On the way back to our hotel I saw a woman selling coal. She wouldn’t let me take her picture, but she was fine about me taking a picture of her store. (Also, I was still a little hungry after dinner so I grabbed some coal cooked corn on the cob from a street vendor on the way home.)
Today we have one full day to see Alexandria. To start, I woke up in time to go out and see the sunrise. I was taking pictures of the shoreline and the boats when a guard came out and told me I wasn’t allowed to. What? (Out of spite I took a picture of a half Egyptian flag on the top of his guard station.) I relocated but it seemed rather daft, especially since I had already been therefore at least 15 minutes taking photographs.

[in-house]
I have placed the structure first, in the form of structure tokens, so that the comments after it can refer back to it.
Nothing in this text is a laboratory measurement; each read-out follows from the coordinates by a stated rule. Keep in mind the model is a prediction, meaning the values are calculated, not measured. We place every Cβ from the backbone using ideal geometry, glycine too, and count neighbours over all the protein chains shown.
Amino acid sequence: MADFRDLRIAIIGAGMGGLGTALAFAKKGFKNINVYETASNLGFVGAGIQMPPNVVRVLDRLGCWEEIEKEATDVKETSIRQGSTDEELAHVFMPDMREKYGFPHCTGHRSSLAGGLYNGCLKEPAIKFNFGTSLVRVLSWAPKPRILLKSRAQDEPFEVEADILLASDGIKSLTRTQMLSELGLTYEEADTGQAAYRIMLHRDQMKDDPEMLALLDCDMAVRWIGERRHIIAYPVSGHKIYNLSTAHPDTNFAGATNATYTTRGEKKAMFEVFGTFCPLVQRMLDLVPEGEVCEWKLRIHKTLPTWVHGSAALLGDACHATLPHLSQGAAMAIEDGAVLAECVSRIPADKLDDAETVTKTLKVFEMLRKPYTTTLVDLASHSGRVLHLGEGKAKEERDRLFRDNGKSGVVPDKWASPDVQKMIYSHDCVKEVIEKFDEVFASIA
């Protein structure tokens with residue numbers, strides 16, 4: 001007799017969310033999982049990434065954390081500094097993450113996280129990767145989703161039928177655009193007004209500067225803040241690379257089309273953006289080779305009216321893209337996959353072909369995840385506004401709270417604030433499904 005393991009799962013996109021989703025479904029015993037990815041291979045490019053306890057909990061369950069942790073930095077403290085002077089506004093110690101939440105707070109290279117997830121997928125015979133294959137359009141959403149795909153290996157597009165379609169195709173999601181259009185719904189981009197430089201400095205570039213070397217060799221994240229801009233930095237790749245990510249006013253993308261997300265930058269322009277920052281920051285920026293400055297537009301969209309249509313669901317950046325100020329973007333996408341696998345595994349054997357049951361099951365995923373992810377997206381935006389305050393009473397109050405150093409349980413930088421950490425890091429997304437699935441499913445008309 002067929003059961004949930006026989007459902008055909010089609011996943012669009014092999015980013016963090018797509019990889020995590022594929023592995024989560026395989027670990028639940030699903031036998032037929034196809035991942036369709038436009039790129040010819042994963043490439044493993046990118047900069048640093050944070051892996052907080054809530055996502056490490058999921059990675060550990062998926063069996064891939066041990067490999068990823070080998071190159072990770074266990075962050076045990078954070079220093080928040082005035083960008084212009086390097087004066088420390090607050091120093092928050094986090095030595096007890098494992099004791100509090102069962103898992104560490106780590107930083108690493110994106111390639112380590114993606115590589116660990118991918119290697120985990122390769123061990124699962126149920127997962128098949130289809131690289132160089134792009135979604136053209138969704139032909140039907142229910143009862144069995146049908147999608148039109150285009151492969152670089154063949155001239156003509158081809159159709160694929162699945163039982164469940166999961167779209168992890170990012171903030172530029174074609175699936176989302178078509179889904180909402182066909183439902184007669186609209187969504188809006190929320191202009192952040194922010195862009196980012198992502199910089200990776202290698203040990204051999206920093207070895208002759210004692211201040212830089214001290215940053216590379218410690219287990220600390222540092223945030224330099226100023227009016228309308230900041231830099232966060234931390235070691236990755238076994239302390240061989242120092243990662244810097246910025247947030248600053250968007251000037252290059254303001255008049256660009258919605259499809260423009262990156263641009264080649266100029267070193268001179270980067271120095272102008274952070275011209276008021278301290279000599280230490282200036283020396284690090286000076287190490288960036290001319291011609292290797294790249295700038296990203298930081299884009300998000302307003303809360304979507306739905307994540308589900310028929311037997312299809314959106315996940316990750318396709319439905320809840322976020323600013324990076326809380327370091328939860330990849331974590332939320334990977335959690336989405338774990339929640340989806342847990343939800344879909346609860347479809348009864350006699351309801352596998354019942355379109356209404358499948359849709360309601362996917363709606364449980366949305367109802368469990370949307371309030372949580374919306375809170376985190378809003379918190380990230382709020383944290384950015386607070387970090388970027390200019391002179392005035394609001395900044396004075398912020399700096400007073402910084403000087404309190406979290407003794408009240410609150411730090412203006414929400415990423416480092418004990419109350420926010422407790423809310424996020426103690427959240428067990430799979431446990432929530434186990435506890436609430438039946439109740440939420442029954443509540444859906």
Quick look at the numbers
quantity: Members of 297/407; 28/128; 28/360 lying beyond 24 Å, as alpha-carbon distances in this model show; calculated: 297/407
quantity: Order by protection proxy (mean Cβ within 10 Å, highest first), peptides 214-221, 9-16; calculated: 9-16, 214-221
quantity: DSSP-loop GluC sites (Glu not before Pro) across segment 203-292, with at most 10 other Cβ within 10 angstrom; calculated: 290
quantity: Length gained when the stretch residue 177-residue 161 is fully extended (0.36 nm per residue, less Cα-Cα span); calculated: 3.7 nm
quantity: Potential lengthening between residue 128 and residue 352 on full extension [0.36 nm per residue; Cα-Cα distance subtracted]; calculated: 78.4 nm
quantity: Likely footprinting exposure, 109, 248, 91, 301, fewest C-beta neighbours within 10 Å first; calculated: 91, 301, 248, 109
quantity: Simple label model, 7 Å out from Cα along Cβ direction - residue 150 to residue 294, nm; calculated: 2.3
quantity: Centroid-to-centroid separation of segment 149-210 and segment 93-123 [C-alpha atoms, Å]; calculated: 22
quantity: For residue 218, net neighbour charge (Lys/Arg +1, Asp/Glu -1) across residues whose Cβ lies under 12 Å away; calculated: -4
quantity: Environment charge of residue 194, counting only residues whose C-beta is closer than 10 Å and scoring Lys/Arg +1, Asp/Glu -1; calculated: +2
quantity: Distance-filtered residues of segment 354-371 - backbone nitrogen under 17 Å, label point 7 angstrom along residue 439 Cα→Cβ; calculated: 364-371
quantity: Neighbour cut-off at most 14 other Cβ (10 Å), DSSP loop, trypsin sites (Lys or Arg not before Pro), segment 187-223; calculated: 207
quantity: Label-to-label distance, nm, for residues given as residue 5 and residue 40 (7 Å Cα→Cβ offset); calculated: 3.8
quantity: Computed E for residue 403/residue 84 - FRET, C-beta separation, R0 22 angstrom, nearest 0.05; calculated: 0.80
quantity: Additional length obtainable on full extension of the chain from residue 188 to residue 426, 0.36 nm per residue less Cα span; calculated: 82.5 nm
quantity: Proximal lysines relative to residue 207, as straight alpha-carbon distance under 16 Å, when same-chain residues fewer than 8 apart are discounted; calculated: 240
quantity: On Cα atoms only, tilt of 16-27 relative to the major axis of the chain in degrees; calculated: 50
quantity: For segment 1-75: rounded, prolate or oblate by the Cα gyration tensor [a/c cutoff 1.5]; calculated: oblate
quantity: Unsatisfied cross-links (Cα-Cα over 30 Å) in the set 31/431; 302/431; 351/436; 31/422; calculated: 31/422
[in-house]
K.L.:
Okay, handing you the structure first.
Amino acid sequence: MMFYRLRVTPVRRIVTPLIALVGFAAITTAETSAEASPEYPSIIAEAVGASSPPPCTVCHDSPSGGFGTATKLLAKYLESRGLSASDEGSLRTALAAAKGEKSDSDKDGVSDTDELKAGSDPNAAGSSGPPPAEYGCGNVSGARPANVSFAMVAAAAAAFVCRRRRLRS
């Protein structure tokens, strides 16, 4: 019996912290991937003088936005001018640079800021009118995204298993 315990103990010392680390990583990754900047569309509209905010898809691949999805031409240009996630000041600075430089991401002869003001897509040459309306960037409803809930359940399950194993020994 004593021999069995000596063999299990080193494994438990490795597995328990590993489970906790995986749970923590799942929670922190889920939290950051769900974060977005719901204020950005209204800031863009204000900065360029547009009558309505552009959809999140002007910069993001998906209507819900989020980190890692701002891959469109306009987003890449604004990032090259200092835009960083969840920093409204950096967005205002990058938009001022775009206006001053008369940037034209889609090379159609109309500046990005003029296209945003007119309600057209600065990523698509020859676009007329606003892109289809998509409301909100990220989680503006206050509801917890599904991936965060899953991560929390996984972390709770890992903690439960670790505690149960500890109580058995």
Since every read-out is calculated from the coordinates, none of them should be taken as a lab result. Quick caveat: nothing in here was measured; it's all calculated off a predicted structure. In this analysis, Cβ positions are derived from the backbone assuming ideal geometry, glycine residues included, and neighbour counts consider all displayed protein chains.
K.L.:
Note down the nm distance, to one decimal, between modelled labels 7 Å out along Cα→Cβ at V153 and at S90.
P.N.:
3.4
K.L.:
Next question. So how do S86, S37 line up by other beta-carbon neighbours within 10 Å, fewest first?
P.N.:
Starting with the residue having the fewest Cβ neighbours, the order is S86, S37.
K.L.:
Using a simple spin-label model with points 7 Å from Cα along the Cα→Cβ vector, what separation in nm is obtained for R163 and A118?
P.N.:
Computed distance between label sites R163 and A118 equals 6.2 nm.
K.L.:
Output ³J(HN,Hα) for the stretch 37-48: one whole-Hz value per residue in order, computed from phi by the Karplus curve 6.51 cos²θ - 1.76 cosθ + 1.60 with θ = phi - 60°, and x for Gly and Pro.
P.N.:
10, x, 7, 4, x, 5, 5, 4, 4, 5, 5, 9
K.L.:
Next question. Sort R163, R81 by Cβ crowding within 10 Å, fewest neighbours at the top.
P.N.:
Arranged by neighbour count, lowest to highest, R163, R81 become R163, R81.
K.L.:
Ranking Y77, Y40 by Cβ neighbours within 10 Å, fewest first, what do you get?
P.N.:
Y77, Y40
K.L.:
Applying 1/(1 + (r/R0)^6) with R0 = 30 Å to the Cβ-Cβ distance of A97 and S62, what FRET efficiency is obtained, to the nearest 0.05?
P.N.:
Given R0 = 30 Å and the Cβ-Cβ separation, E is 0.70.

One thing you will notice is that the coastline is far from clean. It is such a shame to see. It is a problem throughout Egypt. We frequently see people just throwing their garbage out the window or tossing it where they are sitting. It is so foreign to me but it is clearly not taboo here. Unfortunately, it shows, and it is even more noticeable on what could otherwise be a beautiful shoreline.
Once we had showered, we packed up and switched Airbnb’s, dropping off our bags in the process before walking to the main road along the coast. From there we caught a minibus taxi (having such a good experience from the day prior and took it until they turned around. (Although, we learned that the price was actually EGP 4.5 rather than the EGP 5 we paid the day before – a whopping USD 0.30 difference). This put us close enough to our first destination, the Citidel of Quaitbay.